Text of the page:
For divorcing couples in Louisiana, a common concern is spousal support. This is an issue for the paying spouse – the obligor – and the supported spouse. It is a natural inclination for the supporting party to want to keep the amount limited to what they believe they can afford. The supported spouse will obviously want the payments to be as much as possible so they can maintain the lifestyle they had during the marriage. To keep disputes to a minimum, the state has strategies it uses to determine the spouses’ income and help with making the support award. Both sides should understand this law.
The court will receive an income statement from both parties. This must show their gross income and adjusted gross income. There must be information as to what they earned in the past and what they are currently earning. Employer statements and pay stubs are sufficient to determine how much the person earns. There must also be the latest federal tax return. The other party will receive this information. If there is a business that one of the other party owns or is owned in tandem, income information for this must be provided.
In some cases, there are allegations that income is being hidden or underreported. The court will want evidence to determine whether this is the case or not as it tries to determine the true income. It will want the following: redirected income; payments the paying spouse or the business makes to relatives by way of wages or salary; deferred income; and the standard of living and assets.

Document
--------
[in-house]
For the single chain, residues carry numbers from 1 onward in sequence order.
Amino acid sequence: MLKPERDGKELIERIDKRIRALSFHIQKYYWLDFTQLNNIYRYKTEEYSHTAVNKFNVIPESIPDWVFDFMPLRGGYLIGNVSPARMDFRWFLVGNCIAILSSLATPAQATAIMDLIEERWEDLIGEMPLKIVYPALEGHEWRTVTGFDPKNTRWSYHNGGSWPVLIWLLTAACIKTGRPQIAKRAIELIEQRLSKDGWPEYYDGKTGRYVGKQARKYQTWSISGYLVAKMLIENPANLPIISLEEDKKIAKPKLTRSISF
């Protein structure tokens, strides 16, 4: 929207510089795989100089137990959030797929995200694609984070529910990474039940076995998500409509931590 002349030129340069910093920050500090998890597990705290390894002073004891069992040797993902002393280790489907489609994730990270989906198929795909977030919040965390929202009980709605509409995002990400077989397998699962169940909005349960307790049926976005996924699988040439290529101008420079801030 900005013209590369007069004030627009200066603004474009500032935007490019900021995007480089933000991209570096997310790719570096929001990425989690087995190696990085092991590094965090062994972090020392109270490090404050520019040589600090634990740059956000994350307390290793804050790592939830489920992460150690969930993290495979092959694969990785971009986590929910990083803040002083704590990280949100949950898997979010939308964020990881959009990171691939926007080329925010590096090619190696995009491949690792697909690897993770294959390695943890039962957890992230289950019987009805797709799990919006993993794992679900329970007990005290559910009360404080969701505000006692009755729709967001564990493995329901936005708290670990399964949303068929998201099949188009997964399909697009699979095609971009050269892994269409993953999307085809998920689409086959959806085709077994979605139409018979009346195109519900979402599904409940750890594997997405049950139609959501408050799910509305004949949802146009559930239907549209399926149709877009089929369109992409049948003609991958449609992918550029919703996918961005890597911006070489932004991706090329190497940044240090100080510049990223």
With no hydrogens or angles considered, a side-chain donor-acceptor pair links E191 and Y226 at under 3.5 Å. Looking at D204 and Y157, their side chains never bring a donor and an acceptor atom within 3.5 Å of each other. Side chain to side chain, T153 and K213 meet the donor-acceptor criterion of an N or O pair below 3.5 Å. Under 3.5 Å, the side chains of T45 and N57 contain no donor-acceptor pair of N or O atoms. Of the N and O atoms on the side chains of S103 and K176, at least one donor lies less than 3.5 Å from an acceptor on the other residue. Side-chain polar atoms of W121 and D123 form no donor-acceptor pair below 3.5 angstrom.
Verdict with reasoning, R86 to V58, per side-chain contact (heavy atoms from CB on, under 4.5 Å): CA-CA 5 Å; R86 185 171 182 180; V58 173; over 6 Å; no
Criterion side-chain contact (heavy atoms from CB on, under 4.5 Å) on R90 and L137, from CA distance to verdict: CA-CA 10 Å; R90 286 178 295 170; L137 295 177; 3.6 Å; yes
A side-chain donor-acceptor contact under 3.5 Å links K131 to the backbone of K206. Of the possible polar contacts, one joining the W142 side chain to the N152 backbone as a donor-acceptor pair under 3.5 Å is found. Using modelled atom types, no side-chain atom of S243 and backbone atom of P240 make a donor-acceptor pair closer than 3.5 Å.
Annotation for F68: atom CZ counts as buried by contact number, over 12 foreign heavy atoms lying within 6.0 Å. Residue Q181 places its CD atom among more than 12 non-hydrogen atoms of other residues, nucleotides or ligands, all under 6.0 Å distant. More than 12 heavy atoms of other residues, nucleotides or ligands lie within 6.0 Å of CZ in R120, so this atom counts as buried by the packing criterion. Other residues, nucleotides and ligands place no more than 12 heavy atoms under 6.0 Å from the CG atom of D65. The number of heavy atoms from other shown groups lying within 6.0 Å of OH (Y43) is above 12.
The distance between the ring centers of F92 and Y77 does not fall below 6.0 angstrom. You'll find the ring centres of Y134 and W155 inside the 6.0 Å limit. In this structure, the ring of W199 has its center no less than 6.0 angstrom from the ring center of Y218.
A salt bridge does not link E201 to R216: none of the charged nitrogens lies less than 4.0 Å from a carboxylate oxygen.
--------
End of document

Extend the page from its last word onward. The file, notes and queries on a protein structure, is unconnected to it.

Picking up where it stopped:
The redirected income constitutes loans that business owner might have taken out but need to be repaid. Payments to relatives result in the presumption that it is income of the paying spouse – this can be rebutted if there was a history of these payments and it is due to fair value for services rendered. Deferred income includes bonuses, management fees, dividends and income that will be received later. The standard of living will be assessed in compassion to the paying spouse’s lifestyle and if it is consistent with the reported income.
If the paying spouse’s income cannot be established, then wage and earnings surveys from government agencies can be admissible. A contentious issue in any divorce is spousal support. Before the court can decide on how much will be paid, it must have an accurate depiction of the earnings of the parties. Understanding the law and how this can impact a case and the amount in spousal support is imperative in a case. A law firm that handles family law, divorce, spousal support and more should be contacted for representation.